In a ringing warning to businesses that an unusually good deal can sometimes signal fraud, ‘grey market’ traders who were refused a £4.3 million VAT deduction after being innocently caught up in a sophisticated missing trader fraud have triumphed over the tax authorities at the Upper Tribunal (UT).
The traders, who specialised in fast moving consumer goods, had bought more than 23 million razor blades from a cash-and-carry before selling them on at a good profit. However, it subsequently emerged that the goods had been transferred through a series of ‘buffer’ companies and that a fraudulent trader, who defaulted on VAT, had stood at the top of the transaction chains.
Although not alleging that the traders had been involved in any wrong-doing, Her Majesty’s Revenue and Customs (HMRC) took the view that they ‘should have known’ that the transactions were connected with fraud and refused to reimburse them £4.3 million in VAT that they had paid on the consignments.
Arguing that the transactions were ‘most unusual’ and ‘exceptionally odd’, HMRC insisted that the traders had made insufficient checks on the company from which they bought the goods and should have heeded ‘warning signals’ that there was something under-hand going on.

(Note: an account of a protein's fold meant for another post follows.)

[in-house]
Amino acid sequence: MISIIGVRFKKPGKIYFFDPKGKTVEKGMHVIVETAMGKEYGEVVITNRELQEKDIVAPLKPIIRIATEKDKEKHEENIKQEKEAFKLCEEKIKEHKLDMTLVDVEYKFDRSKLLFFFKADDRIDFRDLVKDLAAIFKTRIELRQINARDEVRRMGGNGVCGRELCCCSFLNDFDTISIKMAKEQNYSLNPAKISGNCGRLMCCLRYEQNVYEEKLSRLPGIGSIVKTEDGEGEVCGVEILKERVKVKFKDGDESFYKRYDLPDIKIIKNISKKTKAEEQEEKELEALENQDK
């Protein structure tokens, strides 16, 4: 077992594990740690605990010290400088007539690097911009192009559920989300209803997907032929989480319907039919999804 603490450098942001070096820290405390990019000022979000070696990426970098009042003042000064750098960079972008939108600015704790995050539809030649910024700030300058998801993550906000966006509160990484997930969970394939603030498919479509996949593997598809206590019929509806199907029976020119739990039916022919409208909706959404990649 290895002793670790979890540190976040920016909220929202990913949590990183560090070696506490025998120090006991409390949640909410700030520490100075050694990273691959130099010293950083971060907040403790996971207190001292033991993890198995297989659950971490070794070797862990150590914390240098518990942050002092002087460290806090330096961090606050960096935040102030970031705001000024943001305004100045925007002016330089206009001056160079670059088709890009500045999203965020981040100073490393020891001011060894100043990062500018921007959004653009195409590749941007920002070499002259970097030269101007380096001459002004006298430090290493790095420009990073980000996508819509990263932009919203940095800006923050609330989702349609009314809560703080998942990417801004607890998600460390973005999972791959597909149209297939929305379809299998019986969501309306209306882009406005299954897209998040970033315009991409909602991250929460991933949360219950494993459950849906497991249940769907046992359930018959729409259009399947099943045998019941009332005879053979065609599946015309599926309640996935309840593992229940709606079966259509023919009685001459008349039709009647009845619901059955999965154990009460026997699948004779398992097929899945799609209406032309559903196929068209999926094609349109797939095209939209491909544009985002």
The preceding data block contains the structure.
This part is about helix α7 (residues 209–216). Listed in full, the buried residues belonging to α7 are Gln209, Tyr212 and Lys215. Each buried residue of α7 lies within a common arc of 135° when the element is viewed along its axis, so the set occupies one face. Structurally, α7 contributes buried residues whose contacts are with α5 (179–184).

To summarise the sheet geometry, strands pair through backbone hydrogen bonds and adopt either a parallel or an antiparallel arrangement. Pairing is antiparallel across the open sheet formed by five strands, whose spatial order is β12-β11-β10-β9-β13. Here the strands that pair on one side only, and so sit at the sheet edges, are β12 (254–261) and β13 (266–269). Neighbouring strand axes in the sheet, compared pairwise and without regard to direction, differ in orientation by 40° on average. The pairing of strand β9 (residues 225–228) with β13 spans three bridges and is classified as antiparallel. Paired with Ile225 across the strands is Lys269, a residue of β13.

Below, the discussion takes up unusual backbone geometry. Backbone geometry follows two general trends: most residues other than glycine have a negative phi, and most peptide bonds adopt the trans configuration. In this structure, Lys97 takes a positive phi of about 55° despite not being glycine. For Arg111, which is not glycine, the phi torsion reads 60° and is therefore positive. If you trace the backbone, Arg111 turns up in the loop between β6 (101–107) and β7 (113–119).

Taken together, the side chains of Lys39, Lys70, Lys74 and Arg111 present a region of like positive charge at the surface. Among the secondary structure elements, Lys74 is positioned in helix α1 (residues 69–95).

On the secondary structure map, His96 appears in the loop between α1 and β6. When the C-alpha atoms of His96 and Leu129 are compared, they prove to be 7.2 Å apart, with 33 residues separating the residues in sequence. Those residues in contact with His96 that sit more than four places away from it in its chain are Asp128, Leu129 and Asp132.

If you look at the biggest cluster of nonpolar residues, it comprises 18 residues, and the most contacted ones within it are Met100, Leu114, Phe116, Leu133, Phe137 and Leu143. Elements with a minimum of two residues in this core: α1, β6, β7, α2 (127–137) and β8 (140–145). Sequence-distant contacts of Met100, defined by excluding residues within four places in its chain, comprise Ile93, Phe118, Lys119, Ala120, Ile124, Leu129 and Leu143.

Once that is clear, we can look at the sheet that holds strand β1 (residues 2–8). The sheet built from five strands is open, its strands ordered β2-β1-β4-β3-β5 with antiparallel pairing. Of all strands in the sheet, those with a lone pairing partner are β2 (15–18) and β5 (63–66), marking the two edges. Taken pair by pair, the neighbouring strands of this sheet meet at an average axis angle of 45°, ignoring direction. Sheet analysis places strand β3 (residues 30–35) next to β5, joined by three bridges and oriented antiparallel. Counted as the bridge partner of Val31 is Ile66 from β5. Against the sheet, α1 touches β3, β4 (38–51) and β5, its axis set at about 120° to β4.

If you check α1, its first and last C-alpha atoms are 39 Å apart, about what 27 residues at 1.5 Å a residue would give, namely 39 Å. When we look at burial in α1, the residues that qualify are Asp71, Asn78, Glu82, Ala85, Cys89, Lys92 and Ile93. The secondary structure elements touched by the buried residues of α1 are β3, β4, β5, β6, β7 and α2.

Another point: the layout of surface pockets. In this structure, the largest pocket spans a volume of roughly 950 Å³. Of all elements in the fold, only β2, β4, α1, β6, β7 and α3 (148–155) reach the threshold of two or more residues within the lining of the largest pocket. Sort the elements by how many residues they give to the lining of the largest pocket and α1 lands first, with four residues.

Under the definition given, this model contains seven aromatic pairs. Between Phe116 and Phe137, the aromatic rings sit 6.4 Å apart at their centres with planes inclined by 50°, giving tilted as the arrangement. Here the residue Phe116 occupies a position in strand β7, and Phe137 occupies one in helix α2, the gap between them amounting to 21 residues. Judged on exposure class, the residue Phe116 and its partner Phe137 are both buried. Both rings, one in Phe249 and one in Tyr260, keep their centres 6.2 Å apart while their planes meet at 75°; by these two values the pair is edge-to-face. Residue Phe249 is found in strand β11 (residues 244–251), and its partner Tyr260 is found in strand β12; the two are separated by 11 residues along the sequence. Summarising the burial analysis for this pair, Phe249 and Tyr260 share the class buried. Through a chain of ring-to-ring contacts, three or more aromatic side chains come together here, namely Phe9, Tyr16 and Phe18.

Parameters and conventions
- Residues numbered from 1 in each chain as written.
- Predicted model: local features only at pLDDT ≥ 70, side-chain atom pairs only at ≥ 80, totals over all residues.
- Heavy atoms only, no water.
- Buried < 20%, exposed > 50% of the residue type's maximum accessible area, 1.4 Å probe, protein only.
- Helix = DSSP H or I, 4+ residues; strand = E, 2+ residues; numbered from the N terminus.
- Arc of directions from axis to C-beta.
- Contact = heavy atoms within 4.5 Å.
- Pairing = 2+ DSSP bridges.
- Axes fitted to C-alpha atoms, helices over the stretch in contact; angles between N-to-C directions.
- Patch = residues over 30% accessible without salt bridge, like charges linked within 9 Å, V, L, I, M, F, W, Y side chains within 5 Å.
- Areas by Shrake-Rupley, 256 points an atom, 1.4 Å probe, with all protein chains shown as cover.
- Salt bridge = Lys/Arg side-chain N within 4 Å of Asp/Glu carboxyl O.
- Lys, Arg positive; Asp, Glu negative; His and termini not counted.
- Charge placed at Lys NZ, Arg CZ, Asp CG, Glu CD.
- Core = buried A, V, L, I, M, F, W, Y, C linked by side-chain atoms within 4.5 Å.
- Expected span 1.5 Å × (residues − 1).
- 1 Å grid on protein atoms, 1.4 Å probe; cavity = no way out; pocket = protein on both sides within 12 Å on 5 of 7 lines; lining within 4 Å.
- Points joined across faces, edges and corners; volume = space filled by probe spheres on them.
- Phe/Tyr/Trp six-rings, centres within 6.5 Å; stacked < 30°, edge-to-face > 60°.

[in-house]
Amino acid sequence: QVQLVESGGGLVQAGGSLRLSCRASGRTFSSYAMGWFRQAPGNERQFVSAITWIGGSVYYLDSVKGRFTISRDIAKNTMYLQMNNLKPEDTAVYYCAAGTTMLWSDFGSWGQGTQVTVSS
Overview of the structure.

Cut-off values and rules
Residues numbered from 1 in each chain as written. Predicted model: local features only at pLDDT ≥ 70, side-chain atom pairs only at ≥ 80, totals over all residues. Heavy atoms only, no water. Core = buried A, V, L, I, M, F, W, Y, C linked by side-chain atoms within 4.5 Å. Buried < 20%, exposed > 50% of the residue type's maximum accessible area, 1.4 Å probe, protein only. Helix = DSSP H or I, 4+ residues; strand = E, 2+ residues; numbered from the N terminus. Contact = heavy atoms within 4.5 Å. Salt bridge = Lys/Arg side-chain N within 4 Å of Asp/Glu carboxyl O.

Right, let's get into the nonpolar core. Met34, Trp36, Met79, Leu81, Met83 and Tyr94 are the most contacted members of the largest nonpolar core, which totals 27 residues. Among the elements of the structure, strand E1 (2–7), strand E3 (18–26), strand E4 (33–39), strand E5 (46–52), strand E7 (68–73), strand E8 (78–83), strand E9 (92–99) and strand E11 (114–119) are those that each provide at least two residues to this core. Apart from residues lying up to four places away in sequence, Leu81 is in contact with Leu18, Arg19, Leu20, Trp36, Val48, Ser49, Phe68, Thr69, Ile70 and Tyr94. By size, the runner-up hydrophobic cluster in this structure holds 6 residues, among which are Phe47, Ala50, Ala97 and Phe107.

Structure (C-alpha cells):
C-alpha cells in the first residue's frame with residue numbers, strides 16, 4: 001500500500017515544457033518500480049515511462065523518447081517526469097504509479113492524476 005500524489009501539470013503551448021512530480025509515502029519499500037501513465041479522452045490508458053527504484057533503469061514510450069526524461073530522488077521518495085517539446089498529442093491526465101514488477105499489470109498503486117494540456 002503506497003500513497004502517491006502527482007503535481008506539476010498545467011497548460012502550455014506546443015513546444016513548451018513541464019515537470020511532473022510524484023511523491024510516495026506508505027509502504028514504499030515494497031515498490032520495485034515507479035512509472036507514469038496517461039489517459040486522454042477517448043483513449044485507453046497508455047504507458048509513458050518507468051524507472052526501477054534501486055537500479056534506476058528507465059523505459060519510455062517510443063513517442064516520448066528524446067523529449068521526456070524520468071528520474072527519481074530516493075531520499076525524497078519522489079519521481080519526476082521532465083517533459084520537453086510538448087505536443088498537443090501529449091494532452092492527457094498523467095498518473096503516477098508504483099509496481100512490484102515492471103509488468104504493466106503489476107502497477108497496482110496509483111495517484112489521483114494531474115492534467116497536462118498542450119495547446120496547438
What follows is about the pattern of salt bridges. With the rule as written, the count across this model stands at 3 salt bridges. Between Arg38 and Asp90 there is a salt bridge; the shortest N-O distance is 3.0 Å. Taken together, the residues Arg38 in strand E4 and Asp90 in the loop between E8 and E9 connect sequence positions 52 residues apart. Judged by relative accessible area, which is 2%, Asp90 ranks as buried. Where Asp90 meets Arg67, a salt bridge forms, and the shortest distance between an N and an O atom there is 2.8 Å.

Those arguments succeeded before the First-Tier Tribunal. However, in allowing the traders’ appeal, the UT found that HMRC had failed to meet the ‘high hurdle’ of proving that underlying fraud was the ‘only reasonable explanation’ for the transactions.
Noting that the grey market is, by definition, populated by traders who are not authorised distributors and who deal outside ordinary distribution chains, the UT observed that it was not enough for HMRC to show that the traders ‘should have had their suspicions’.
Ruling that the razor blade purchases were ‘entirely explicable as ordinary market transactions’, the UT concluded: “HMRC may not be appreciative of the existence of a market that enables those who are intent on fraud to trade goods to that end. On the other hand, there is no reason to penalise innocent traders in that market merely because it offers that facility”.
If you are offered any deal that seems too good to be true, be very wary. We can give you advice on the steps you may need to take to protect yourself.